In deciding on a water disinfection strategy there is always a tug of war between the customer end goal, which is restrained by budget and water specifications, and the disinfection strategy chosen, restrained by contaminants, water source and infrastructure.
With the current conditions in the global market for freight and raw materials, I see more and more customers and colleagues in the water industry experiencing challenges in treating water. These challenges can come in many forms from public pools in England running out of chlorine to disinfect pool water, to municipalities in South Africa where the infrastructure has gotten so bad that the water is contaminated after it leaves the treatment station.
Most of the time, these problems come up as short term problems which can be resolved by using a more expensive alternative treatment or bending the rules for “one” time. But what if these problems take longer to resolve, what if borders remain closed for longer periods as we have seen during the COVID19 pandemic where trucks with water treatment chemicals were stuck at borders across Southern Africa.
Let’s take some of the major threats to providing safe and disinfected water, aging infrastructure, availability of chemicals, safety issues, emerging contaminants, budget, and operating safety concerns. If we take all of these into consideration when choosing a disinfectant, it would be great to have the one universal solution (spoiler: I would not be sitting in an office if I had this solution). If we have a look at common methods used, we quickly find that there are pros and cons to all of them that restrain the use or the effectiveness for different challenges.
If we look at common methods used, there are pros and cons to all of them that restrain the use or effectiveness for different challenges
Chlorine is still globally the most used disinfectant because it has a good disinfection strength and is cost-effective in most cases. But with the rise in fuel cost and sometimes just not being available in the form that we are used to (liquid or gas form) we might have to look at alternative ways to use chlorine either by producing on-site or using this in solid form. Still looking at possible long-term effects from disinfection by-products, different disinfection methods might be a better option.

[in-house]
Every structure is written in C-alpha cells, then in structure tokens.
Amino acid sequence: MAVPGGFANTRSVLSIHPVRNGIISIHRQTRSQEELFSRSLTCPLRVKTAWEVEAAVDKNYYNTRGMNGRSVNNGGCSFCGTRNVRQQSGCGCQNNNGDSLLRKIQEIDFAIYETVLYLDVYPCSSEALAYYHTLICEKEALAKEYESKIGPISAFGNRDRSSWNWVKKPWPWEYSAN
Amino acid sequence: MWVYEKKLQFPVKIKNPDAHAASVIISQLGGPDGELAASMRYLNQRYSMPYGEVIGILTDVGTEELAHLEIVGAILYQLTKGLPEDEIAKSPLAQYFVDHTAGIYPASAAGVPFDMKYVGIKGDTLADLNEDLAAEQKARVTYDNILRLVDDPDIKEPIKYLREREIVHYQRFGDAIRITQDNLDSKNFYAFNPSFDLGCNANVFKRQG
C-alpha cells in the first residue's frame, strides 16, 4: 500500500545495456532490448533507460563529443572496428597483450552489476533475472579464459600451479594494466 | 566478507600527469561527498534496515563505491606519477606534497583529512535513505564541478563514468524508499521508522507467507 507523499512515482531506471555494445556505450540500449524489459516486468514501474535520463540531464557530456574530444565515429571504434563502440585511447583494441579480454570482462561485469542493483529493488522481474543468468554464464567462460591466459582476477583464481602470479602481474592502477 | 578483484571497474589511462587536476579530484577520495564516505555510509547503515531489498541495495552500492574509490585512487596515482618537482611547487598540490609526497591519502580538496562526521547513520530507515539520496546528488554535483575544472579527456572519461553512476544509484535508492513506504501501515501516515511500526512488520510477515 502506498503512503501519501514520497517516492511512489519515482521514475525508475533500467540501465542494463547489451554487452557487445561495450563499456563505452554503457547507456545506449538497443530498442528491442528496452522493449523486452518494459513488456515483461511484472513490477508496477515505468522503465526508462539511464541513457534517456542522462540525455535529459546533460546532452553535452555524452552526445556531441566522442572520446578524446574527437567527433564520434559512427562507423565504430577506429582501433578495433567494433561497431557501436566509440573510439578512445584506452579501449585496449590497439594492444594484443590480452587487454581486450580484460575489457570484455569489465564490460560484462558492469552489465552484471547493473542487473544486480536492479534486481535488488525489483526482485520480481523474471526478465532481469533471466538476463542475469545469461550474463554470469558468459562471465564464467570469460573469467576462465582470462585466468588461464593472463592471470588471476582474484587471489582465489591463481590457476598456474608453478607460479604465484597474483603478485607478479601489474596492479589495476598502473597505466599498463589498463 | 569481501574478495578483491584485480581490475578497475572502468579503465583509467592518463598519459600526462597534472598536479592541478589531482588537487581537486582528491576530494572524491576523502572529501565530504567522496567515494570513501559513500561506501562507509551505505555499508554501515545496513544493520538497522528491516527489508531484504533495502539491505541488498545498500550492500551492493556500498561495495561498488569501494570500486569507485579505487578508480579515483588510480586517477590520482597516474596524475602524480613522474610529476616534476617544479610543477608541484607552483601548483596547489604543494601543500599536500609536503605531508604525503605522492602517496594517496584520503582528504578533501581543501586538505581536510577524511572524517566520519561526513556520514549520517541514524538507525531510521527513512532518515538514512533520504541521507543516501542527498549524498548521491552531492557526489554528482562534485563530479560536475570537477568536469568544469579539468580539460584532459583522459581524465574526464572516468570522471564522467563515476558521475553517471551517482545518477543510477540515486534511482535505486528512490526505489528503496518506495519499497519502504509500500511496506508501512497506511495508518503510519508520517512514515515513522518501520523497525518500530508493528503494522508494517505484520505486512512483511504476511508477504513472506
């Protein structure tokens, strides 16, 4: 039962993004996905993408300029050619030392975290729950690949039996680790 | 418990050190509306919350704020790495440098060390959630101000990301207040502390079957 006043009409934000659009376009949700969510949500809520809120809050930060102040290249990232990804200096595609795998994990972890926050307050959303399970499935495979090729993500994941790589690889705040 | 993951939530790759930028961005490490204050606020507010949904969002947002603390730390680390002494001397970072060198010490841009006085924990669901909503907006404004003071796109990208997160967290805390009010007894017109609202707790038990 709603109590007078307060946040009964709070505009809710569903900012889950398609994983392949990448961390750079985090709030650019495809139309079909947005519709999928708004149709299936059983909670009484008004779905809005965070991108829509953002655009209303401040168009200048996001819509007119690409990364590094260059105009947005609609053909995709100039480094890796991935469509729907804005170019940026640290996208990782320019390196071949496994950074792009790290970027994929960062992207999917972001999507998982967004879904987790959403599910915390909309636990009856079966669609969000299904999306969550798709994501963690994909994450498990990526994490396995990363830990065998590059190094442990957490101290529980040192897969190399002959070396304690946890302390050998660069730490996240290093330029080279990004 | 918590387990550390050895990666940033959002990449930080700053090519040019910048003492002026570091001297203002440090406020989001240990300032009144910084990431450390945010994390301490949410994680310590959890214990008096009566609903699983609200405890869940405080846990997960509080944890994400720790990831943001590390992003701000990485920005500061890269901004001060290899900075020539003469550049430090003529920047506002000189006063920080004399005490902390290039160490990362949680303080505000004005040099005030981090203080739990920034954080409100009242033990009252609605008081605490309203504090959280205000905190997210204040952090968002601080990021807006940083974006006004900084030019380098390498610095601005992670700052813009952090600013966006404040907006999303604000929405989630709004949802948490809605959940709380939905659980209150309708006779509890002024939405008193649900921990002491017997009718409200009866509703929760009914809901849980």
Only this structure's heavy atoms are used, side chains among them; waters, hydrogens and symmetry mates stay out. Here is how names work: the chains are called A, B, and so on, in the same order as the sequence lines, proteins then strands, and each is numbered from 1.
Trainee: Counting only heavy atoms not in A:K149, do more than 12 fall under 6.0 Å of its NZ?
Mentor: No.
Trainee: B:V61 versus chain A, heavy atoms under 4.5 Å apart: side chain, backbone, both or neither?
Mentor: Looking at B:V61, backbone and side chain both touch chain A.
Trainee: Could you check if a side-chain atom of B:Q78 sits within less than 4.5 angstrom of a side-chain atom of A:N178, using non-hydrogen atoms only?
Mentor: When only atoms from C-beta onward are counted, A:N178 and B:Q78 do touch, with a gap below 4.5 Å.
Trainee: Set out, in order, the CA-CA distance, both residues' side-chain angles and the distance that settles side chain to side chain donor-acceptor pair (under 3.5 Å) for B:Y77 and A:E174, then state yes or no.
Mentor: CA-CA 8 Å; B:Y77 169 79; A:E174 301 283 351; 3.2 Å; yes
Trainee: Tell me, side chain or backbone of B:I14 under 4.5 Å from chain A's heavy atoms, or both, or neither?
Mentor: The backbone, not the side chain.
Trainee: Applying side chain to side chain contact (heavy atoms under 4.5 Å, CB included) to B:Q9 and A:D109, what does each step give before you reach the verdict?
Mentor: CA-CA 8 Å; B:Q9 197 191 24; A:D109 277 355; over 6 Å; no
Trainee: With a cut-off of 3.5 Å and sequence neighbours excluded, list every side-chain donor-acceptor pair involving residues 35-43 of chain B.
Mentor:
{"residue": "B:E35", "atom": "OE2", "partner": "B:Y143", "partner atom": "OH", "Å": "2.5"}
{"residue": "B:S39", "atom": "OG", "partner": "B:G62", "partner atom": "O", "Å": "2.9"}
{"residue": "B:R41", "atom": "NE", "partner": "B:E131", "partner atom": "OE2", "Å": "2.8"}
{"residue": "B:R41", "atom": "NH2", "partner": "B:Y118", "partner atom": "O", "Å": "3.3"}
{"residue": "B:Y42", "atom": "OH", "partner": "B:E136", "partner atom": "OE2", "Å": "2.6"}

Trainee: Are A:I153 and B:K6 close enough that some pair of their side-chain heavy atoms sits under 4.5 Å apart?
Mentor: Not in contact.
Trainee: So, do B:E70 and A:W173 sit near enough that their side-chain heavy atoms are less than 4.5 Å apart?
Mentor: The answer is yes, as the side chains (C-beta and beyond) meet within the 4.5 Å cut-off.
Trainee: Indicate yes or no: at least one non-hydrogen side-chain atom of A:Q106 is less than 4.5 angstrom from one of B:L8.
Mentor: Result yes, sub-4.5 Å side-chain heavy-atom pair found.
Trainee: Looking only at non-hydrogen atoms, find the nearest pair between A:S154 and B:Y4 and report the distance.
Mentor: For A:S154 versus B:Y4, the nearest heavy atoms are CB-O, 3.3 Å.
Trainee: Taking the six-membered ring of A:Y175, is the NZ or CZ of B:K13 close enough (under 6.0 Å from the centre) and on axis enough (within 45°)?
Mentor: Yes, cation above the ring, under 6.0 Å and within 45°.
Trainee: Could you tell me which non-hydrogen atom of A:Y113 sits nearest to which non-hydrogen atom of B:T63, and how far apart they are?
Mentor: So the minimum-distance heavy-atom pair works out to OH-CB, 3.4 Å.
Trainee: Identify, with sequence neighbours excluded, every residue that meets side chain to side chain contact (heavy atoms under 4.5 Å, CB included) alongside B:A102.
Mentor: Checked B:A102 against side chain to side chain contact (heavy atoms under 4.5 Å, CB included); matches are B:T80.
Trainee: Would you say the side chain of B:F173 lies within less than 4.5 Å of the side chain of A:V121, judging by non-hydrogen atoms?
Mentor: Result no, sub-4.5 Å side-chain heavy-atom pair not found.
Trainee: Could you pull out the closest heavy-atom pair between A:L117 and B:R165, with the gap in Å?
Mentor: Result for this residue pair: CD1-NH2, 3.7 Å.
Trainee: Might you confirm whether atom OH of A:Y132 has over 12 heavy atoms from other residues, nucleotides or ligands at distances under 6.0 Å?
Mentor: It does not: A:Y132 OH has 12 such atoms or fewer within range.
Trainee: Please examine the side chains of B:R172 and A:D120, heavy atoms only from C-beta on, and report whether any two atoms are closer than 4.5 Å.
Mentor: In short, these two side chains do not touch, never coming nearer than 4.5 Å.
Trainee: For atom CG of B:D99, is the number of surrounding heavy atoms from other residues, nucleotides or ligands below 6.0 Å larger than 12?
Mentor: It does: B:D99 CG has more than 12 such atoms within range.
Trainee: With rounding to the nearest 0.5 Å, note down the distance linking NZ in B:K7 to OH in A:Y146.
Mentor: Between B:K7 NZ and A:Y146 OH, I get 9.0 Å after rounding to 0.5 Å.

If we look at ozone, it does not have the drawbacks of chlorine, we just need air and electricity to make one of the most powerful disinfectants available to us. But because ozone is so reactive it’s also short-lived and cannot therefore disinfect large networks of pipes. Add to this the technology that requires high-level knowledge to operate and maintain and we quickly see that this is not ideal for a lot of situations.
Ultraviolet light would be a better candidate then? The only thing needed is power and depending on the flow to be treated it’s not that much. With UV disinfection there is no residual effect but also no residual disinfection making it an excellent gatekeeper for point-of-use disinfection but less suited to provide large networks with water disinfection. It is a robust method that requires very little intervention from operators and the investment cost is low.
Chlorine dioxide is a powerful disinfectant which is usually generated on-site; it actively removes biofilm and in low concentrations has no taste or smell to it. This might be the ideal disinfectant with its good residual value and a small percentage of by-products. The drawback would be that we still need chemical precursors to produce chlorine dioxide and there is still an addition of chemicals to water which might cause harmful effects in the long term.
Unfortunately, there is no one ready-made on the shelf solution for solving water disinfection challenges. Only by looking at the source of the challenge and having a clear understanding of the end-use for this water can we overcome these challenges. Whether you are filling a hotel pool in Mauritius or providing potable water for a rural village in Ghana the disinfection strategy will always have to be a vital part of that plan.